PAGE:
That same evening I went to a meeting at the Town Hall to hear the police Superintendant report on his progress towards keeping on top of things in our city centre. He spent a lot of time describing how he had structured his force – as if it had only recently occurred to him that it needed a structure. I found this disconcerting until I realised that he is continually discarding previous structures that have either failed or outlived their effectiveness in a fluctuating, dynamic situation.

The city has many stakeholders and their interests often conflict. That evening there was much discussion, for example, about that part of the night-time economy which generates income from the sale of alcohol (and other drugs) and, to the disturbance of many residents, results in noise and disorder in the streets into the early hours. This is one of the issues that keep the Superintendant and his force very busy.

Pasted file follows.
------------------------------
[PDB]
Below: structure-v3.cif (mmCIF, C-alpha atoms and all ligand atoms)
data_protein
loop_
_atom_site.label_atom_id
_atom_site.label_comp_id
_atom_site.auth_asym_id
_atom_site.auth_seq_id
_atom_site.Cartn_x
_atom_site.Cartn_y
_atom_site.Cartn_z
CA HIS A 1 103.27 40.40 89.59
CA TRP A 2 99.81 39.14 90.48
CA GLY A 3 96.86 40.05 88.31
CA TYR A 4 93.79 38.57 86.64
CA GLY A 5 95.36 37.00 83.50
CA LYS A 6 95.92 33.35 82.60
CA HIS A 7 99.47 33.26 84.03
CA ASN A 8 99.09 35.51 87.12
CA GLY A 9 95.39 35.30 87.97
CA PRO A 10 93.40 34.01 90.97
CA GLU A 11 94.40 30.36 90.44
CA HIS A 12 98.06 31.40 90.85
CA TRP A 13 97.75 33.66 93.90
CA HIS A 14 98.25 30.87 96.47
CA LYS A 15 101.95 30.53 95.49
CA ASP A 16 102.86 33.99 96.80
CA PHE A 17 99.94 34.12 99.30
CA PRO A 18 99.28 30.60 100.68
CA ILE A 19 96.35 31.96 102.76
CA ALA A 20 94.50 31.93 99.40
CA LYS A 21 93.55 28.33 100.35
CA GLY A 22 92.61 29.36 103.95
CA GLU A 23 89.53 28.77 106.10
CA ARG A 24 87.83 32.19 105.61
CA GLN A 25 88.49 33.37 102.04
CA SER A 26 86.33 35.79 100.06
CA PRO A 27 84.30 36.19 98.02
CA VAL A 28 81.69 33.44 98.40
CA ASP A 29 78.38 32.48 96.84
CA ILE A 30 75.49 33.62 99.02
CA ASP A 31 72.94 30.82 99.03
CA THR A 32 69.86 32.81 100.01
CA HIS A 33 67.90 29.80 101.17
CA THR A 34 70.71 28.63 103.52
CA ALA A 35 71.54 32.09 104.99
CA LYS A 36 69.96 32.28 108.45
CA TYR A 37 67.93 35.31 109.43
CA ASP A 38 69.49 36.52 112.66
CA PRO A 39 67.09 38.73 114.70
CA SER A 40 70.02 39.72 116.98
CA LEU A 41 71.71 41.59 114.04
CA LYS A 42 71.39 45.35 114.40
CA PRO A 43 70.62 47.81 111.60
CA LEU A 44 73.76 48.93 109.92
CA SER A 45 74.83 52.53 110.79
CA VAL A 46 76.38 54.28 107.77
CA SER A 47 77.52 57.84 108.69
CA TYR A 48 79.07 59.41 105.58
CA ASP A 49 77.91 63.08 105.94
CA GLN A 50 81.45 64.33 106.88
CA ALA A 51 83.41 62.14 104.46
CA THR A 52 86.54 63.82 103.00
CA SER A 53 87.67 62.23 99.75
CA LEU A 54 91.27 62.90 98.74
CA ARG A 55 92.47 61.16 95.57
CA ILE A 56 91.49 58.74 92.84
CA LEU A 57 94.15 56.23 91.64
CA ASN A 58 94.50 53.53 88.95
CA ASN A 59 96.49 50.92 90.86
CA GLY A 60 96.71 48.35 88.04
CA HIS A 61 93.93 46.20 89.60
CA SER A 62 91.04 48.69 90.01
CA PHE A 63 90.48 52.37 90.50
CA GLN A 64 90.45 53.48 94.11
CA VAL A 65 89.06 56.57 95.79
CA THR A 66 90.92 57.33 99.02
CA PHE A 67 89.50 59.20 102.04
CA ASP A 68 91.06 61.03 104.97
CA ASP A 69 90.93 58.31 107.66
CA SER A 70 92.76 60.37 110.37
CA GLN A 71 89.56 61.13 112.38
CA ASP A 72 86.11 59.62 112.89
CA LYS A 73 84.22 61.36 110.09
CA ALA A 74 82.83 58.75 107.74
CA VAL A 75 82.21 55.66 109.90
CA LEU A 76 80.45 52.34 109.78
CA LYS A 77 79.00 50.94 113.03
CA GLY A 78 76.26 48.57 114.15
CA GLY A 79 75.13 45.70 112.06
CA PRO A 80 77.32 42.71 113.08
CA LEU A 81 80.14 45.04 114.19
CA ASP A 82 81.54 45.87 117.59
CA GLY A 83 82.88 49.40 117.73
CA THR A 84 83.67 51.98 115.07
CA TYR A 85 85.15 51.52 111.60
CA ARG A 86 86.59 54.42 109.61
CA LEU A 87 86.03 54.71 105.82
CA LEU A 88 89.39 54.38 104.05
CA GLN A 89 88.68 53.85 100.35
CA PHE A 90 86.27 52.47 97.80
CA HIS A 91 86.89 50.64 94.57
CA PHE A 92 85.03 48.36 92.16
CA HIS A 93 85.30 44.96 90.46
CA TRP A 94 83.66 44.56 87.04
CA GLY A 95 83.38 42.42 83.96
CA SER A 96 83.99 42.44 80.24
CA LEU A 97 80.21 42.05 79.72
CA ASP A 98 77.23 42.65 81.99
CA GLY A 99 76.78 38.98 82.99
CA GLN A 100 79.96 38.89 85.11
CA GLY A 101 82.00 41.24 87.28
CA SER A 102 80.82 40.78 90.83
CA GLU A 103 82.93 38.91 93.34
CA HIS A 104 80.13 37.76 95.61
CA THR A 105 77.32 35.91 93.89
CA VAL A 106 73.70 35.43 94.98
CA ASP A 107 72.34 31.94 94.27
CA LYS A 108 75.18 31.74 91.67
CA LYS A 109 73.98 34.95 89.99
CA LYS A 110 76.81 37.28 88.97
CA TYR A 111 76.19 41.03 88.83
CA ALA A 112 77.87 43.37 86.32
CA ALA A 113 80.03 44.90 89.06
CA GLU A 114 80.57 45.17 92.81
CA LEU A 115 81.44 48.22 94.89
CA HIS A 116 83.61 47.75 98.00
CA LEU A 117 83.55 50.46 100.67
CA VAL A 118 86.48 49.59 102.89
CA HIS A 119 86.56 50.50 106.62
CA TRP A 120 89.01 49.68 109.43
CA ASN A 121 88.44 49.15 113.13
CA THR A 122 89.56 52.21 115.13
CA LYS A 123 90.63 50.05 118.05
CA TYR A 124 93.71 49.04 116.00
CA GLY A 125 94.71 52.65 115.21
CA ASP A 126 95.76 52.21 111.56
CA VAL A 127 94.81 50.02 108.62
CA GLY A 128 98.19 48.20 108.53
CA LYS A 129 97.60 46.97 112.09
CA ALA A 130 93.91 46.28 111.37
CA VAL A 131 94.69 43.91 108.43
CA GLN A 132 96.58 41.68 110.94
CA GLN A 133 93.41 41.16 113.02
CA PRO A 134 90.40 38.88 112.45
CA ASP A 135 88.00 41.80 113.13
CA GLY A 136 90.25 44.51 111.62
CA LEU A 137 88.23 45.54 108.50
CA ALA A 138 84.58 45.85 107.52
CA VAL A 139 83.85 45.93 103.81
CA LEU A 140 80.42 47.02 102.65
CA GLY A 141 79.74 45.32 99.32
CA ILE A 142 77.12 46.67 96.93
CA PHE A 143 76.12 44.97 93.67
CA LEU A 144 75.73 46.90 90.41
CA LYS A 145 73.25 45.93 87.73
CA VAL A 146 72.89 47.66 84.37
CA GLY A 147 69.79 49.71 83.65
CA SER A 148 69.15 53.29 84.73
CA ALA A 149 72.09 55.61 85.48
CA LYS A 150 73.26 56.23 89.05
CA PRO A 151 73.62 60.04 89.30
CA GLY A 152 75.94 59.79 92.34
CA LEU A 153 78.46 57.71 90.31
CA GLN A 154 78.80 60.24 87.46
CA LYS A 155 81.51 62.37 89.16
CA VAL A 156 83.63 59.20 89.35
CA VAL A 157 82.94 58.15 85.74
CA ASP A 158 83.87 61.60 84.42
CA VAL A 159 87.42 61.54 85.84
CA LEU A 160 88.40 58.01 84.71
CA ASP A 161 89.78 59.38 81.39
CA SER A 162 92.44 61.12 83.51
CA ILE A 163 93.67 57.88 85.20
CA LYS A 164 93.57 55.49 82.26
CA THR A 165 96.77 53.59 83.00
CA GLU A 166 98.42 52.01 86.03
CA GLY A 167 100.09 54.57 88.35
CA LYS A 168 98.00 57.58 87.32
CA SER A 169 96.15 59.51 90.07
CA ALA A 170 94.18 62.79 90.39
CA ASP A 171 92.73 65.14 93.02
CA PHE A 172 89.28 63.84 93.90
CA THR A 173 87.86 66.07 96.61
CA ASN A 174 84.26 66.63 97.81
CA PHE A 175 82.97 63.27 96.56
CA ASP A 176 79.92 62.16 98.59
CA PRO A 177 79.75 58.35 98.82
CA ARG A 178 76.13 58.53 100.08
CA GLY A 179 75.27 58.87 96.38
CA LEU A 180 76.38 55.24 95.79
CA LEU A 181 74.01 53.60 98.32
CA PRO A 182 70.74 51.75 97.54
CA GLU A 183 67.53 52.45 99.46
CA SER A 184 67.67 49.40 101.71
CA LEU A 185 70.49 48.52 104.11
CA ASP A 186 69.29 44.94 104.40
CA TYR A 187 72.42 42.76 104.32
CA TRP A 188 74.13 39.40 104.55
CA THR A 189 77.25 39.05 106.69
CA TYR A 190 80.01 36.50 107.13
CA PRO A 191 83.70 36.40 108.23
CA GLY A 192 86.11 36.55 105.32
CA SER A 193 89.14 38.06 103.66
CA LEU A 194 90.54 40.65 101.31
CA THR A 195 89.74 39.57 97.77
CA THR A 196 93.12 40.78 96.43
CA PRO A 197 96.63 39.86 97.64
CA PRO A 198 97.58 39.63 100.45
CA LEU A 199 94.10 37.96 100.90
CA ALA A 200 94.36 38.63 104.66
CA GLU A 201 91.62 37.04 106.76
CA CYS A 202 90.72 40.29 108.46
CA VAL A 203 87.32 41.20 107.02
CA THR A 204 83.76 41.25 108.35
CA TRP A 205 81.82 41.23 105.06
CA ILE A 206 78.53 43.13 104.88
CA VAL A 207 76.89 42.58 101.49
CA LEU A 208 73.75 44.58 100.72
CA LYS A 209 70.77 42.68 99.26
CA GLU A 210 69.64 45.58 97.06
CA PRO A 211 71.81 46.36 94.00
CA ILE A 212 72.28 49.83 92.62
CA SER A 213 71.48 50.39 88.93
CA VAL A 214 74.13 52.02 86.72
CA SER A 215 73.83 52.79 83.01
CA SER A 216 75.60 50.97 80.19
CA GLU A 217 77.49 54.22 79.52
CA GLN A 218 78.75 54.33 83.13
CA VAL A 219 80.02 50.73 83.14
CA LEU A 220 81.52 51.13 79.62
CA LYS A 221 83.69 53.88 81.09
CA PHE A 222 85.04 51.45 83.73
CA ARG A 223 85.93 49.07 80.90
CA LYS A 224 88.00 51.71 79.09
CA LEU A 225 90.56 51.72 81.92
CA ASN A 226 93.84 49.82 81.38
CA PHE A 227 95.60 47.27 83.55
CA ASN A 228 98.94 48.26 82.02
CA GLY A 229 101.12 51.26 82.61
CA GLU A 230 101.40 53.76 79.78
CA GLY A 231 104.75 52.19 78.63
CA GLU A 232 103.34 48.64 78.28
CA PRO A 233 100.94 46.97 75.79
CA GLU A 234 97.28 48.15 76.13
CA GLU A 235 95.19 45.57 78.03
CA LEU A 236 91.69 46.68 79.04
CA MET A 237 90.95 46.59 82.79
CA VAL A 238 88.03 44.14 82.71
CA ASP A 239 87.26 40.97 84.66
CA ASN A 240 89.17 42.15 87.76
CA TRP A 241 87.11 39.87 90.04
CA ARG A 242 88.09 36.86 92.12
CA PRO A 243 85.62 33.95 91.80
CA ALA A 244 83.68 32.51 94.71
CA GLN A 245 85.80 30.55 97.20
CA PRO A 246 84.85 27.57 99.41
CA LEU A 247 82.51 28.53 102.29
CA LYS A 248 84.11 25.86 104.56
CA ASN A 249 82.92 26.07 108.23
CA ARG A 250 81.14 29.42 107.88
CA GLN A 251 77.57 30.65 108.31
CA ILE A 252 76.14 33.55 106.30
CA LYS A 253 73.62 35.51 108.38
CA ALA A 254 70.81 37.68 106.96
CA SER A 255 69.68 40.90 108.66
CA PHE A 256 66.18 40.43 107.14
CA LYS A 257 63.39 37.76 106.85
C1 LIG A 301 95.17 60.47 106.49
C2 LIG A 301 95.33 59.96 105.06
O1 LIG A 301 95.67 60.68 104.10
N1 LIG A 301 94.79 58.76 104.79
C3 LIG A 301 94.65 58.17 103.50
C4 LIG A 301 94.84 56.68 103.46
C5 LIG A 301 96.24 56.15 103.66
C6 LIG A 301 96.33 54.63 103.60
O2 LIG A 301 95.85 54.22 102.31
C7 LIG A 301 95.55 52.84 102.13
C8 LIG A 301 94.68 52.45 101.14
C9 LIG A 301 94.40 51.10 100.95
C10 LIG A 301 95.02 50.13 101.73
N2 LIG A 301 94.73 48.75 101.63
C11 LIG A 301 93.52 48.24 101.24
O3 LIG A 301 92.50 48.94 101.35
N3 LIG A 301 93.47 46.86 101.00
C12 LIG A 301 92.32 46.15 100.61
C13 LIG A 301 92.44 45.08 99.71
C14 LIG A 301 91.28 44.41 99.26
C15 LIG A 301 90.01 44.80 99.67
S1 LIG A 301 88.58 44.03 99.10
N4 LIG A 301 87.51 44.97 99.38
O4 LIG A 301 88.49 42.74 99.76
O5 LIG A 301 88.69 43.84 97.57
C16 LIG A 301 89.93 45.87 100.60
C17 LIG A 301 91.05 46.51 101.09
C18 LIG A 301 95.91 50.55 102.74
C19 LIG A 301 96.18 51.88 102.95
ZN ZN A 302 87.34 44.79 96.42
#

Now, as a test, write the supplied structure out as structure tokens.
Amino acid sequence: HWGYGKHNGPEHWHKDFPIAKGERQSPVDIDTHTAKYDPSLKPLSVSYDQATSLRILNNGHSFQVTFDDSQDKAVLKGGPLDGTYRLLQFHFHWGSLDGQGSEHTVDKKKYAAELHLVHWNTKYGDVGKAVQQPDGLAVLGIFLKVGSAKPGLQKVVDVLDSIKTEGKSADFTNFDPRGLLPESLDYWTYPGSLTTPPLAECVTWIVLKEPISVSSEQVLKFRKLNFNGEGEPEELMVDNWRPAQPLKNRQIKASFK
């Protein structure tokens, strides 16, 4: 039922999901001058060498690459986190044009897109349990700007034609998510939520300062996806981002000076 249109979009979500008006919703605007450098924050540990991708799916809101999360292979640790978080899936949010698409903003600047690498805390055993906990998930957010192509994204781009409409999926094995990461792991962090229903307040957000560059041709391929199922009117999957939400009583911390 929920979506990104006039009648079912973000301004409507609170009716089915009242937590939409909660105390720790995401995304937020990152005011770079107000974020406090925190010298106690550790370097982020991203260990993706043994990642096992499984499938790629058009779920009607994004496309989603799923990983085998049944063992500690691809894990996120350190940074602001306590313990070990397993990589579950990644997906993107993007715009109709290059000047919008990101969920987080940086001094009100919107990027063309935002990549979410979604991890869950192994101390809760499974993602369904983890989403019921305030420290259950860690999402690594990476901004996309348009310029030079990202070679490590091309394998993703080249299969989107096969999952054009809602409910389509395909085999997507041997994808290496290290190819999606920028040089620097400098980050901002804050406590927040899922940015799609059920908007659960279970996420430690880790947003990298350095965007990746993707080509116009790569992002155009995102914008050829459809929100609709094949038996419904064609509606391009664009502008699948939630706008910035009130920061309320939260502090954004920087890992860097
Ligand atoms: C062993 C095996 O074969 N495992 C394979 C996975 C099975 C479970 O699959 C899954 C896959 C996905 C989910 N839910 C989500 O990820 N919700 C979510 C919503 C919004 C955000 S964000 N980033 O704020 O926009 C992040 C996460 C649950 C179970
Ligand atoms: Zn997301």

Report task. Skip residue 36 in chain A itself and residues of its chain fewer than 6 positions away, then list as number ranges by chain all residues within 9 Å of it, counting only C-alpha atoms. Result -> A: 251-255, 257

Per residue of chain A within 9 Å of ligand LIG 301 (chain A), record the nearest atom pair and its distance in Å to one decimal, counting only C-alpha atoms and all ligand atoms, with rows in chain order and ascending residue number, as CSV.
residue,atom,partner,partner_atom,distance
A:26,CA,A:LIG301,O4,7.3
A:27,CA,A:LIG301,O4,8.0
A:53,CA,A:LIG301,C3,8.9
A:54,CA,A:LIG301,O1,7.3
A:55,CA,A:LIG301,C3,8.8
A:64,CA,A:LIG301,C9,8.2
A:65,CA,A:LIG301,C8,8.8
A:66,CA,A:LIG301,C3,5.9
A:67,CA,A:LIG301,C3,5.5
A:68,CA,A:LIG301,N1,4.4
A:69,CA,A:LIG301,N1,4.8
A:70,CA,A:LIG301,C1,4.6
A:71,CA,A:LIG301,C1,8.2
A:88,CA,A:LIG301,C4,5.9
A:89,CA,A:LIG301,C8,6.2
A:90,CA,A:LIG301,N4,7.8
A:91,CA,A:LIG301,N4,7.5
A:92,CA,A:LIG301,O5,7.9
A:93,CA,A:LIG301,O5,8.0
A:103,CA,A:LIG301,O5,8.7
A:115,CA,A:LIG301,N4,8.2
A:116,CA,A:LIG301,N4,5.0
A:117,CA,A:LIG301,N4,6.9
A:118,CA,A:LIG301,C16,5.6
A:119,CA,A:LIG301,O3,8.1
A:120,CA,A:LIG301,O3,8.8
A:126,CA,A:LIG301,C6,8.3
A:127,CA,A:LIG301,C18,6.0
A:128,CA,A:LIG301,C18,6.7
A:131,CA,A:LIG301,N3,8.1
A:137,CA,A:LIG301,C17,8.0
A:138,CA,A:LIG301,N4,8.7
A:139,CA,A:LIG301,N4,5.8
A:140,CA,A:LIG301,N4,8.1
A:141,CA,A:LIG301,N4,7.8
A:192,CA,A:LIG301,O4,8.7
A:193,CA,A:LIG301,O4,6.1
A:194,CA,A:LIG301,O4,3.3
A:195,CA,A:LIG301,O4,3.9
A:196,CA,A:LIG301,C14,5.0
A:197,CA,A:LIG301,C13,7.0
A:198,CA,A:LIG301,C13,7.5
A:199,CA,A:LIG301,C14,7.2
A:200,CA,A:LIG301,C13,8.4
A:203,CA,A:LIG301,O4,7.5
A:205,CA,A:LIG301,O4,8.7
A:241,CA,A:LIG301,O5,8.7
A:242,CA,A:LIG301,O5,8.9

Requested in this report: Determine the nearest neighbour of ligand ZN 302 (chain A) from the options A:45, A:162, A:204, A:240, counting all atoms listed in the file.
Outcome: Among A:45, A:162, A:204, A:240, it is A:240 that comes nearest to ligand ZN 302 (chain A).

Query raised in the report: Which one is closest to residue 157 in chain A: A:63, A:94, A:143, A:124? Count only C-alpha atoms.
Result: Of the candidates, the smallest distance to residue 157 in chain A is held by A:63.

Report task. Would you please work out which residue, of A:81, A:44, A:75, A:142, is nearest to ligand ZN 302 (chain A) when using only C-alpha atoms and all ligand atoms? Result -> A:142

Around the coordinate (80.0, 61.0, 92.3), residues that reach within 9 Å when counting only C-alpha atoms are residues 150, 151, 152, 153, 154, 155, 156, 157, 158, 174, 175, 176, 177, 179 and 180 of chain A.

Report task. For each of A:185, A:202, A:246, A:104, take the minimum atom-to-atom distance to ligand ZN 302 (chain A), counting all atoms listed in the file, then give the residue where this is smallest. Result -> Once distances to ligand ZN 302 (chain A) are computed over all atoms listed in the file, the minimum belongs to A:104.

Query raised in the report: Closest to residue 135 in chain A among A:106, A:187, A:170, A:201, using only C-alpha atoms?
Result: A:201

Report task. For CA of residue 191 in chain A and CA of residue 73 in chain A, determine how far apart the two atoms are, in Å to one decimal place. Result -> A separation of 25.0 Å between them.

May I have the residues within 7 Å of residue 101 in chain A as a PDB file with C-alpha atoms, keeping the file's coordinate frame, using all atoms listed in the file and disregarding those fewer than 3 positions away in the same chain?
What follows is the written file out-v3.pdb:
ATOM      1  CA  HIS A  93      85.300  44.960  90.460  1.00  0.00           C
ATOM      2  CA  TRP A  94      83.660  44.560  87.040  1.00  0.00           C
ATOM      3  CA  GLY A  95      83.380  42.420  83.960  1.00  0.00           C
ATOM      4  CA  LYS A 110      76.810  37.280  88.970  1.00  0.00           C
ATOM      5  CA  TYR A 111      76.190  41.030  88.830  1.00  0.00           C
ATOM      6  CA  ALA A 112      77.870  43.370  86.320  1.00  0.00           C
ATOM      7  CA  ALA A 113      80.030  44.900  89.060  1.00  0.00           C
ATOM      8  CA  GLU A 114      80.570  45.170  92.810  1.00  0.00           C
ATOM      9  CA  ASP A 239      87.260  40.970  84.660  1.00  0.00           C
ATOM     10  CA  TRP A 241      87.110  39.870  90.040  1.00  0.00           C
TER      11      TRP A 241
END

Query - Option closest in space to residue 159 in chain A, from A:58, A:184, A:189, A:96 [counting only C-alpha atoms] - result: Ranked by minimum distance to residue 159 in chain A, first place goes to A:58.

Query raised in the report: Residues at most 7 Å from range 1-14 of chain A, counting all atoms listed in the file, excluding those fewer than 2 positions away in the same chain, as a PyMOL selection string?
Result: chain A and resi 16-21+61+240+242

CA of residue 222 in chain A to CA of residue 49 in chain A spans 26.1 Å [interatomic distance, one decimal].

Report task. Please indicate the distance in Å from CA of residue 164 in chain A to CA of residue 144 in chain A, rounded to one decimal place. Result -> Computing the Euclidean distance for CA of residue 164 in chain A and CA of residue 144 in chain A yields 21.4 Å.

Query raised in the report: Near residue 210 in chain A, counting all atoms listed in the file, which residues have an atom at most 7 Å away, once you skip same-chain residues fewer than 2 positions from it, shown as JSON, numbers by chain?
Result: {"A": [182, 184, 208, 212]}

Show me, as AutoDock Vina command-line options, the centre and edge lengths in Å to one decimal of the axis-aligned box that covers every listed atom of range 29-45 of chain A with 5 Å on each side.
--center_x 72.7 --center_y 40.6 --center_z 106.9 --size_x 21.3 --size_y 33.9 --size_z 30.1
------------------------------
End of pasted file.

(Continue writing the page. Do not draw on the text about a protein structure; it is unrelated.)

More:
His load would be considerably lightened if a little master-planning could be applied to this state of affairs. If all the late-night drinking places were in zone A and all the residents lived in zone B he would need fewer cops to sort out the problems between them. Actually it would simplify many peoples’ jobs if such a logistic heaven were to become reality but, alas, it is too late. The city didn’t have a conceptual master plan and no amount of retrospective planning will ever compensate for that.

But all is not lost; there are schemes abroad to build new cities from scratch – the Master Planners’ dream-come-true.  If they ever build one conveniently situated for me I would like to live in it for a while - just to see if they got it right and, of course, to check out how long it takes for all the model people and cars to get jumbled up.